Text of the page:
TOM LEONARD: Casual sex and rampant greed in Huxley's Brave New World

Brave NUDE world: Casual sex, designer drugs, genetic engineering and rampant greed. As a racy TV adaptation of Aldous Huxley’s 1930s novel begins, TOM LEONARD details why its dystopian vision was an uncanny premonition of 21st-century hedonism

‘Welcome to New London. We have three rules — no privacy, no family, no monogamy. Everyone is very happy.’

If this sounds like a promotional brochure for a Club 18-30 holiday, it’s actually the opening statement of a new TV dramatisation of Aldous Huxley’s dystopian novel Brave New World.

Its main character, Lenina Crowne, is about to get a ticking-off from a government official for being in an ‘exclusive sexual relationship’ for more than two months.

Crowne — played by Jessica Brown Findlay, alias Lady Sybil Crawley in Downton Abbey, but not very lady-like this time — looks ashamed but fetching in her shiny mini-dress as Bernard Marx (fellow British actor Harry Lloyd) shows her some graphic hologram footage of her recent trysts with — tut, tut — the same man.

Marx remonstrates with her for the sheer selfishness of not sharing herself and her lover with the wider adult population. ‘Everyone belongs to everyone else,’ she agrees, reciting one of the mantras of her society, but it’s clear that she has her doubts about that.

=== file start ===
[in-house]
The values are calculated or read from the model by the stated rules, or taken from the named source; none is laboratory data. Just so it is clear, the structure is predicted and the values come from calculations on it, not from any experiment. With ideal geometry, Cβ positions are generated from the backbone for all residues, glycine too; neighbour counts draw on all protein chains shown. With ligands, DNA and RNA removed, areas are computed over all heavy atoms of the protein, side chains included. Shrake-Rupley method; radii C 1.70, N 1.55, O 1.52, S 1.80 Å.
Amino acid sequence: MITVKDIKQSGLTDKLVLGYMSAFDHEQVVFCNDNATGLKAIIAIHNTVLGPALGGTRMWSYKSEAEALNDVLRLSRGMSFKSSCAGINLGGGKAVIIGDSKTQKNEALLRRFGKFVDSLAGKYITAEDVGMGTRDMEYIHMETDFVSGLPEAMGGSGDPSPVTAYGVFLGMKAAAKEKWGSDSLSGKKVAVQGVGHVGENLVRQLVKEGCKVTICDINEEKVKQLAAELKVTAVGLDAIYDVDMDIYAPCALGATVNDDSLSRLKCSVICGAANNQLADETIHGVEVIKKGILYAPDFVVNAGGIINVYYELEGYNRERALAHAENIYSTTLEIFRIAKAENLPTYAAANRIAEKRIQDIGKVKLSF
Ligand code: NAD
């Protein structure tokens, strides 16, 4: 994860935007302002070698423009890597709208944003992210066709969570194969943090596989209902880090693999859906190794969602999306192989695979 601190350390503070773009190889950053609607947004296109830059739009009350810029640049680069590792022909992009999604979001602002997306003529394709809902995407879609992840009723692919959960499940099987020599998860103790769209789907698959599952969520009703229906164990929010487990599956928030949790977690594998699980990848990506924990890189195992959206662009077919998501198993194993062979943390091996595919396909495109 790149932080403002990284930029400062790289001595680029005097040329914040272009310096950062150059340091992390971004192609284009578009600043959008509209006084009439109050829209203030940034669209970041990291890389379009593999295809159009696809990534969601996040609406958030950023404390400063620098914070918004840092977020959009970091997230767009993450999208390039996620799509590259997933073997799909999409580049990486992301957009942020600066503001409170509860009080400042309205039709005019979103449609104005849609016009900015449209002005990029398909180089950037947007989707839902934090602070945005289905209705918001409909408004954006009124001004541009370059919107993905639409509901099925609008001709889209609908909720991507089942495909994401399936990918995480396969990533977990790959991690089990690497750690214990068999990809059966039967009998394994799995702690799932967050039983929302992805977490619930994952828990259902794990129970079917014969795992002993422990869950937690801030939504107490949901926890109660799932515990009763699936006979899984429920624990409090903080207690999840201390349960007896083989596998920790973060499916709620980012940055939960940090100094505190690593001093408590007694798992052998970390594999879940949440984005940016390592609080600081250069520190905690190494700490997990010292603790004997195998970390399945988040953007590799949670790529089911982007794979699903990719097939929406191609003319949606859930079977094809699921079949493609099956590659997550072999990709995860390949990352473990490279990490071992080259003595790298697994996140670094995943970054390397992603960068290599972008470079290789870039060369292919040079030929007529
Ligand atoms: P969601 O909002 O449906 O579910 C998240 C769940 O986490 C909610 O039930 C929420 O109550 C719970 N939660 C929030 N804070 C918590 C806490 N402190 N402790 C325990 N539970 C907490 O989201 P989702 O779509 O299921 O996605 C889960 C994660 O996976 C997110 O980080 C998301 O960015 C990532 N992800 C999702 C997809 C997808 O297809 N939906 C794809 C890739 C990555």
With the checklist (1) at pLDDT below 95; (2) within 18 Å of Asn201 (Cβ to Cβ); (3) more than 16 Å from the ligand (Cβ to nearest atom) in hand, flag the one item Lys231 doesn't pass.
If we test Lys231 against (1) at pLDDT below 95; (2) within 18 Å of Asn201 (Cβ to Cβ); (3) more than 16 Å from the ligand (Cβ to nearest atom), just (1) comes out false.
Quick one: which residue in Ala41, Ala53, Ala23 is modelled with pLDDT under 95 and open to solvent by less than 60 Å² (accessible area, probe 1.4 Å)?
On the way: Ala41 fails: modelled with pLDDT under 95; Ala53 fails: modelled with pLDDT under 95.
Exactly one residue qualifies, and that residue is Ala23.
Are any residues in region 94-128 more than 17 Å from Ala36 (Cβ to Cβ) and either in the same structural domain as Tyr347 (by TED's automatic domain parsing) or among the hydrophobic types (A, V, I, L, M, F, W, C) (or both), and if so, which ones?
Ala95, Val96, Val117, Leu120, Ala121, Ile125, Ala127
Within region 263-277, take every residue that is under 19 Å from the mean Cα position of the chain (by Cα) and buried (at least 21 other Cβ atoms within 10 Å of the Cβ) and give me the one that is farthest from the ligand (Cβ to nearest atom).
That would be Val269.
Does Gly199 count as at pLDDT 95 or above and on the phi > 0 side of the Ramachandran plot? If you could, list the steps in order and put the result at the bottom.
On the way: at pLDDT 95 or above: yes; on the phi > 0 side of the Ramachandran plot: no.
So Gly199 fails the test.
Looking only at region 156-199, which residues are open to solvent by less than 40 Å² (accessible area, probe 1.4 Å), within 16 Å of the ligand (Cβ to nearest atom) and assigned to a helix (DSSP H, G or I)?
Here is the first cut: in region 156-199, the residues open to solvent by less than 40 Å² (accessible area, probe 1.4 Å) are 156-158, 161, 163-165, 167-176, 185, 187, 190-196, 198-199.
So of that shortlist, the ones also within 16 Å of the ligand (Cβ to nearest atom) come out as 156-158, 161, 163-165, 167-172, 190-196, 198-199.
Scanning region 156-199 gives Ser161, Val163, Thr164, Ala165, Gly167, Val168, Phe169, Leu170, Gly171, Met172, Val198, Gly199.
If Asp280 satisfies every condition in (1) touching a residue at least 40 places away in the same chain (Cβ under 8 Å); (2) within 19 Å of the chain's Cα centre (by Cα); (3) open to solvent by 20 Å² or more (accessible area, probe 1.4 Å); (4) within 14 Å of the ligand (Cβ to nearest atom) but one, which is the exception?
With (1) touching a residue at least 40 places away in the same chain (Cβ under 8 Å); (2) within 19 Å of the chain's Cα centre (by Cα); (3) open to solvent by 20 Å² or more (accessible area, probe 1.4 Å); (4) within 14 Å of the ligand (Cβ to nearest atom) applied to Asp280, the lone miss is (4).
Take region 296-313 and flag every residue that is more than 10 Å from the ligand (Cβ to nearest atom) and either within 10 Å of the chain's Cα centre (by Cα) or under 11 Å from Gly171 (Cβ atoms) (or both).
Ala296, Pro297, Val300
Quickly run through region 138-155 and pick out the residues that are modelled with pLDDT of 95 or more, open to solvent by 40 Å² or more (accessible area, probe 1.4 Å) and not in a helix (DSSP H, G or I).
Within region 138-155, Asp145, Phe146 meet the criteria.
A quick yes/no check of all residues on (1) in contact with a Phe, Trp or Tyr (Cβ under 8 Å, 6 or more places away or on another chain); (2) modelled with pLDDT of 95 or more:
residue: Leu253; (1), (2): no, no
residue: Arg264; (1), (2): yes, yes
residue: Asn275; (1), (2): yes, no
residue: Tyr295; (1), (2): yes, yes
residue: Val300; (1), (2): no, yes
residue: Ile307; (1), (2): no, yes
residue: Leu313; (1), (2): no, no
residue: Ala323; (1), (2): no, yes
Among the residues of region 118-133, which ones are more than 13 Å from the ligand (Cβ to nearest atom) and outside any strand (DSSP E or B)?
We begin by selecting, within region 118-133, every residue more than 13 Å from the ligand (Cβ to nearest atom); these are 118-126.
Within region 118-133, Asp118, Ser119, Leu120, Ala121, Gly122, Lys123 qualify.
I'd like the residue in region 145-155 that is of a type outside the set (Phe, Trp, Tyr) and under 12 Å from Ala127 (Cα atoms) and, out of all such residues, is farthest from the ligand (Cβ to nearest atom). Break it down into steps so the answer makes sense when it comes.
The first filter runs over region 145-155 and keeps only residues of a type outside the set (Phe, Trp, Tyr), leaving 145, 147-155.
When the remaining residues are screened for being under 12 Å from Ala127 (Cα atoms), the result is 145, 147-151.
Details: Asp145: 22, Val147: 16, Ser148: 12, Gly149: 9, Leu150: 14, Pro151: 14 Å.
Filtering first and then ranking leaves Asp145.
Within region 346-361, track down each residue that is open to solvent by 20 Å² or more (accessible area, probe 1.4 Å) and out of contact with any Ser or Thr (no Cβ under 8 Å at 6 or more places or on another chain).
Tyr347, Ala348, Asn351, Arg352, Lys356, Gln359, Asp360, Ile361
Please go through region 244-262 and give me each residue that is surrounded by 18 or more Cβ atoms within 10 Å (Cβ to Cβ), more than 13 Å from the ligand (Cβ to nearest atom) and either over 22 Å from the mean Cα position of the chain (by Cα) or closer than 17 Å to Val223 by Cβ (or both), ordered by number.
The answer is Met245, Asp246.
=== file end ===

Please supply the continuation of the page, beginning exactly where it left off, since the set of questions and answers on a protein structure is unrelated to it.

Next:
‘Welcome to New London. We have three rules — no privacy, no family, no monogamy.’ If this sounds like a promotional brochure for a Club 18-30 holiday, it’s actually the opening statement of a new TV dramatisation of Aldous Huxley’s dystopian novel Brave New World

Oh well, nothing that a good orgy won’t sort out — and there are plenty of those in this glossy nine-part loose adaptation that comes to Sky One this evening.

Sex is always on the minds of the perfectly groomed beautiful people who waft around futuristic New London — a seemingly benign, trouble-free and utterly antiseptic society — even if it’s rather more explicit than it was in Huxley’s story. One thing he couldn’t have predicted was the salacious imperatives of today’s TV commissioners.

Many people love to hail the bleak, mind-controlling tyranny created with 1984 by George Orwell (who, by coincidence, was briefly taught by Huxley at Eton) as uncannily prescient. But in many ways it was Huxley who has proved much nearer the mark — and he wrote his book nearly 20 years earlier.

In so many ways, the world Huxley envisaged — one of freely available designer drugs, casual sex, Viagra-like chewing gum, chemical birth control, genetic engineering, cloning and a sybaritic society fixated on instant gratification and limitless consumption — is with us already.

In the opening scenes, its main character, Lenina Crowne (played by Jessica Brown-Findlay), is about to get a ticking-off from a government official for being in an ‘exclusive sexual relationship’ for more than two months